March 14 is a celebration of pi. Not pie 🙂 Although many make and enjoy pie to celebrate the number pi. Yum.
Here’s some fun tidbits from CNN:
• Pi is the ratio of the circumference of a circle to its diameter. It’s not equal to the ratio of any two whole numbers, so an approximation – 22/7 – is used in many calculations.
• Pi is essential in architecture and construction and was used frequently by early astronomers.
• Pi has been known for about 4,000 years, but it started to be called by the Greek letter only in the 1700s.
• There are no occurrences of the sequence 123456 in the first million digits of pi.
• The true “randomness” of pi’s digits – 3.14 and so on – has never been proven.
• Pi Day started 28 years ago at San Francisco’s Exploratorium. Physicist Larry Shaw, who worked in the electronics group at the museum, started celebrating pi on March 14, 1988, primarily with museum staffers. The tradition has grown to embrace math enthusiasts from all walks of life. For more about Pi Day, visit www.piday.org.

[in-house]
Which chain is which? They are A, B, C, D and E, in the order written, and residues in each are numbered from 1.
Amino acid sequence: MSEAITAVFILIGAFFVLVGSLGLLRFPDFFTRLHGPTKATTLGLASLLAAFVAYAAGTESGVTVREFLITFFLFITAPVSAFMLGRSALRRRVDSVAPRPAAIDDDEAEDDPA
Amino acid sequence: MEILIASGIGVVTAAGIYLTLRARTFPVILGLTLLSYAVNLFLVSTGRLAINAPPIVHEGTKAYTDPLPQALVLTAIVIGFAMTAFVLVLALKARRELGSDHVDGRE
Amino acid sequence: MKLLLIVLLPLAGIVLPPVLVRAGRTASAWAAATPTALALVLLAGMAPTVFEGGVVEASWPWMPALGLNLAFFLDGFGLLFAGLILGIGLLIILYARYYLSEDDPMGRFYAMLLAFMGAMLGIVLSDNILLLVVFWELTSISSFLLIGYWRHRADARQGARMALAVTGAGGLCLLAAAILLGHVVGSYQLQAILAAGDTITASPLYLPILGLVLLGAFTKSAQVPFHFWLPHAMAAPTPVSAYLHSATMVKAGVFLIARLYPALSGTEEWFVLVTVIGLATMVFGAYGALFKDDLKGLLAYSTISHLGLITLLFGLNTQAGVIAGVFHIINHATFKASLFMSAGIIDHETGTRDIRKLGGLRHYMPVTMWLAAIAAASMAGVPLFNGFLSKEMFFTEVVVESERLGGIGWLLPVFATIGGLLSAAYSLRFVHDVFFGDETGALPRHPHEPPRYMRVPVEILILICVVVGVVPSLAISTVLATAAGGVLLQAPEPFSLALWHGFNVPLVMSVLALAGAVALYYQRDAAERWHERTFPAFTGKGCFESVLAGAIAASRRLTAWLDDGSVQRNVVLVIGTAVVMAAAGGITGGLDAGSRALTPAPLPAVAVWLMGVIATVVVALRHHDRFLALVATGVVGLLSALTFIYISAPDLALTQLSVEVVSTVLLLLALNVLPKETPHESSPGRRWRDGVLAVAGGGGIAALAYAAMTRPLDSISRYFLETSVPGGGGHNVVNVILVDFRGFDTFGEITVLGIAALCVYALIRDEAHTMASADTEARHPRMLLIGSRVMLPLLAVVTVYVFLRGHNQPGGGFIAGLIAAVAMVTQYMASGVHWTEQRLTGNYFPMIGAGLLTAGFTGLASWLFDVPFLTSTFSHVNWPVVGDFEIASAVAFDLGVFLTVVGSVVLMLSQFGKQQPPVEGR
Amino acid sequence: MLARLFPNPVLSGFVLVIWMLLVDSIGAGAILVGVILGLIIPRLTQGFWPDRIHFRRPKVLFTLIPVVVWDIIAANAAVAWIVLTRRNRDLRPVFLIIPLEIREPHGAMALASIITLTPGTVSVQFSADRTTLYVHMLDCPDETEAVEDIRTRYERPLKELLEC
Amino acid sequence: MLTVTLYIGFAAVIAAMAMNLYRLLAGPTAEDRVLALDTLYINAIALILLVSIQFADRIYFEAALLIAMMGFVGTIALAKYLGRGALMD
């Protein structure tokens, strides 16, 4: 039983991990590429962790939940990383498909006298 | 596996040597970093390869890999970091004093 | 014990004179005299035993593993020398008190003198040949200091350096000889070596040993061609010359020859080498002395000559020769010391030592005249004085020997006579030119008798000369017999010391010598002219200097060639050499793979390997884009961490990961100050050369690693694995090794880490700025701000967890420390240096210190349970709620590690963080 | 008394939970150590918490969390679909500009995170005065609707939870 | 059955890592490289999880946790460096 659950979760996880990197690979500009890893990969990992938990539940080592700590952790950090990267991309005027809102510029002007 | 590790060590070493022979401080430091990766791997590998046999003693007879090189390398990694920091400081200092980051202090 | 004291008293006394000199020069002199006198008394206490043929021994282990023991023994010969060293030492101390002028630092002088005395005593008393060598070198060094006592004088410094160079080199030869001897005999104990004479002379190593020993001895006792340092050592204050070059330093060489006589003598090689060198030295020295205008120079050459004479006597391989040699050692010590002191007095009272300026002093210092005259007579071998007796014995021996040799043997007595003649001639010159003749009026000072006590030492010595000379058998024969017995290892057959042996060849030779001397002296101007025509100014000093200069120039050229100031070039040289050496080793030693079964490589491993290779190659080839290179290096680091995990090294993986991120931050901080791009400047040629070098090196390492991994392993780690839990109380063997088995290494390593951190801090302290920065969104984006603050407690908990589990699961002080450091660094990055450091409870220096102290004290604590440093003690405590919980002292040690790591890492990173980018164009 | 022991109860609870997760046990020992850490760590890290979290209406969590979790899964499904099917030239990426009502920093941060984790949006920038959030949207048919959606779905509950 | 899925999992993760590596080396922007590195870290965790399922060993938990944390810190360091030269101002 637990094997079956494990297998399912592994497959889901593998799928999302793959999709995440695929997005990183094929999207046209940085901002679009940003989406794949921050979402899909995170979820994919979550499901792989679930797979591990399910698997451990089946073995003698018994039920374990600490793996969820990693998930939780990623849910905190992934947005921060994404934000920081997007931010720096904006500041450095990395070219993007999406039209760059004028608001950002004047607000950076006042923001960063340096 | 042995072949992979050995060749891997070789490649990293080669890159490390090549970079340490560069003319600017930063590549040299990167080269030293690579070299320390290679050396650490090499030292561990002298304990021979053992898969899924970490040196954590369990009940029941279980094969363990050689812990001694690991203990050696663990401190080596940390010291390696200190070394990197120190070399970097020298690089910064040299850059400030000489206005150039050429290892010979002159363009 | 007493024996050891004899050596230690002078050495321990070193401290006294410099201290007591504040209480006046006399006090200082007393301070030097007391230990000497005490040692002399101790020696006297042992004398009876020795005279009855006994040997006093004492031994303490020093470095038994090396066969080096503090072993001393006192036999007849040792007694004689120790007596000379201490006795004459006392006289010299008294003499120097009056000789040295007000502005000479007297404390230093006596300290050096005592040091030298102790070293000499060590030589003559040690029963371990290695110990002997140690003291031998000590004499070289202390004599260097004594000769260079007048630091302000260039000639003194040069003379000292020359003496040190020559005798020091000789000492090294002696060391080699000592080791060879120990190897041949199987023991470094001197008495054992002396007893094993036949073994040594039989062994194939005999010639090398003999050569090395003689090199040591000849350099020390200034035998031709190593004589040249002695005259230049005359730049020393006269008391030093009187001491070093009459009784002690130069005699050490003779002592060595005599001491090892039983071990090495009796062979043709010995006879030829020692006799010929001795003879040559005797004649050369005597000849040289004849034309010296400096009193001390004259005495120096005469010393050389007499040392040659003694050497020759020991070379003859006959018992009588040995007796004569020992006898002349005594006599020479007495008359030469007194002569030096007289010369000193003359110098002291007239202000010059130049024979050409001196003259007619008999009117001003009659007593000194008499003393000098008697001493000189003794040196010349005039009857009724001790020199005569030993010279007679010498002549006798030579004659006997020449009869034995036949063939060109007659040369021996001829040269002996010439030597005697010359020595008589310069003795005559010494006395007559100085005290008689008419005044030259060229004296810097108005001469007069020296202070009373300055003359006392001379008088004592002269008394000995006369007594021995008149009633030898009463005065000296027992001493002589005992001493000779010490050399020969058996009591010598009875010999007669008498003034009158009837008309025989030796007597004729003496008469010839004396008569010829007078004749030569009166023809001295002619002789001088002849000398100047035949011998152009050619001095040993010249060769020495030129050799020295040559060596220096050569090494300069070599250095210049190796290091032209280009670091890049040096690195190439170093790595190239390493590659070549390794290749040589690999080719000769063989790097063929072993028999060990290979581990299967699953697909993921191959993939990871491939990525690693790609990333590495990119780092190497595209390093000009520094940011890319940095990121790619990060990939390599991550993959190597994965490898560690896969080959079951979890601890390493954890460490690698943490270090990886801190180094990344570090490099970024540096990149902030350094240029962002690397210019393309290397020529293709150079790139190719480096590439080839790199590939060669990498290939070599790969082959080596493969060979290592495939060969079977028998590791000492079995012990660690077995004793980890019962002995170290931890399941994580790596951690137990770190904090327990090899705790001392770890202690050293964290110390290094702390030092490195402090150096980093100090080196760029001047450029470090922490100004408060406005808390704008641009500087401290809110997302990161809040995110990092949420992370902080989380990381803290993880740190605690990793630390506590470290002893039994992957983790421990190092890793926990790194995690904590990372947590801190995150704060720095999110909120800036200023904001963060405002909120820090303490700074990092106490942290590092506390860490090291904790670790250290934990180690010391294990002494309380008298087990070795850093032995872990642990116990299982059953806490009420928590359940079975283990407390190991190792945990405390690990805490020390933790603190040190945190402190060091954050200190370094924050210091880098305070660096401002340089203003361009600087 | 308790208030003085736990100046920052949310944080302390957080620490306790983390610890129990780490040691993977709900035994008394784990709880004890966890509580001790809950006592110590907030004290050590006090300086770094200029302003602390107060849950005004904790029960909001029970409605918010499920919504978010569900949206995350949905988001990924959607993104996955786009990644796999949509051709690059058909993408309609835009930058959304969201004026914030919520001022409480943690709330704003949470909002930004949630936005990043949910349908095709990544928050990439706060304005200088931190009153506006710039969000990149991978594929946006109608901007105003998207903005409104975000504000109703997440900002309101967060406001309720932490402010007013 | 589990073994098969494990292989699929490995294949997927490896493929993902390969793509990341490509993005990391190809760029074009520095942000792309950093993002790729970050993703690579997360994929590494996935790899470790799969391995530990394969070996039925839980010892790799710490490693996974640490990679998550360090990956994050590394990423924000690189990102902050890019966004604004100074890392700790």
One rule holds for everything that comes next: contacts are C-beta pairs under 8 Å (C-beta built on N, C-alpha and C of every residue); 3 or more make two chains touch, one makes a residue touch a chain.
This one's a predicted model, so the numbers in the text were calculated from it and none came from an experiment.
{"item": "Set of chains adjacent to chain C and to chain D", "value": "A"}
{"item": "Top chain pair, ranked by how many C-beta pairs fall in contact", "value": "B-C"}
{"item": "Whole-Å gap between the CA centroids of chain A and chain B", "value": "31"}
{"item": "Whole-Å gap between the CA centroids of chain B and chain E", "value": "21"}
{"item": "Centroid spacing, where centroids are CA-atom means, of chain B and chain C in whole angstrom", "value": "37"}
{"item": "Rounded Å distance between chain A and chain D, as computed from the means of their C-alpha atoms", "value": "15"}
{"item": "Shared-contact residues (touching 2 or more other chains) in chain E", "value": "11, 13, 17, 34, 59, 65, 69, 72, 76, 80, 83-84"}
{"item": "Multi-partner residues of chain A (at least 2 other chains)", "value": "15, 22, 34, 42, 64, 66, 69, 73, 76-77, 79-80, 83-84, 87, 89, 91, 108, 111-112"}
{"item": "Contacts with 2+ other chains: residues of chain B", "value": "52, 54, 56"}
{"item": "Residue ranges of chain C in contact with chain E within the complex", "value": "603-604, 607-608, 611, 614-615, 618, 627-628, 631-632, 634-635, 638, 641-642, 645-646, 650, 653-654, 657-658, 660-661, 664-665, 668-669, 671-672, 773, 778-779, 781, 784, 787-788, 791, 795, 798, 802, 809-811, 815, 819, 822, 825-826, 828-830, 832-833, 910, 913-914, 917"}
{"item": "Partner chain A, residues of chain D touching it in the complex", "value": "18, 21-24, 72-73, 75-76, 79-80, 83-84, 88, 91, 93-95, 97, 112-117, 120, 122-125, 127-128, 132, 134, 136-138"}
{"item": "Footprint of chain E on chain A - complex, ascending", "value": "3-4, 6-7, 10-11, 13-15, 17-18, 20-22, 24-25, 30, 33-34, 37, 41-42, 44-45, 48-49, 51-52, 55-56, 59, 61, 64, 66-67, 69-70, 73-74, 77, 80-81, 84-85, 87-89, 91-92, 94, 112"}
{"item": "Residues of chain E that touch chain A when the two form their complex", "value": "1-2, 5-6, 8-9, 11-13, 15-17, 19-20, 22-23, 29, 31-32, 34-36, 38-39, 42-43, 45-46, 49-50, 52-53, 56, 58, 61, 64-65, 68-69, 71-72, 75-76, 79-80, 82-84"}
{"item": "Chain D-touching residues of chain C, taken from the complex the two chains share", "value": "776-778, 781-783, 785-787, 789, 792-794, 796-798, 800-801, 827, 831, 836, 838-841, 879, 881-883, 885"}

• To 31 decimal places, the celebrated irrational number that never ends is 3.1415926535897932384626433832795. If you want to appreciate what it looks like to 10 thousand digits, click here.
• March 14 also happens to be Albert Einstein’s birthday.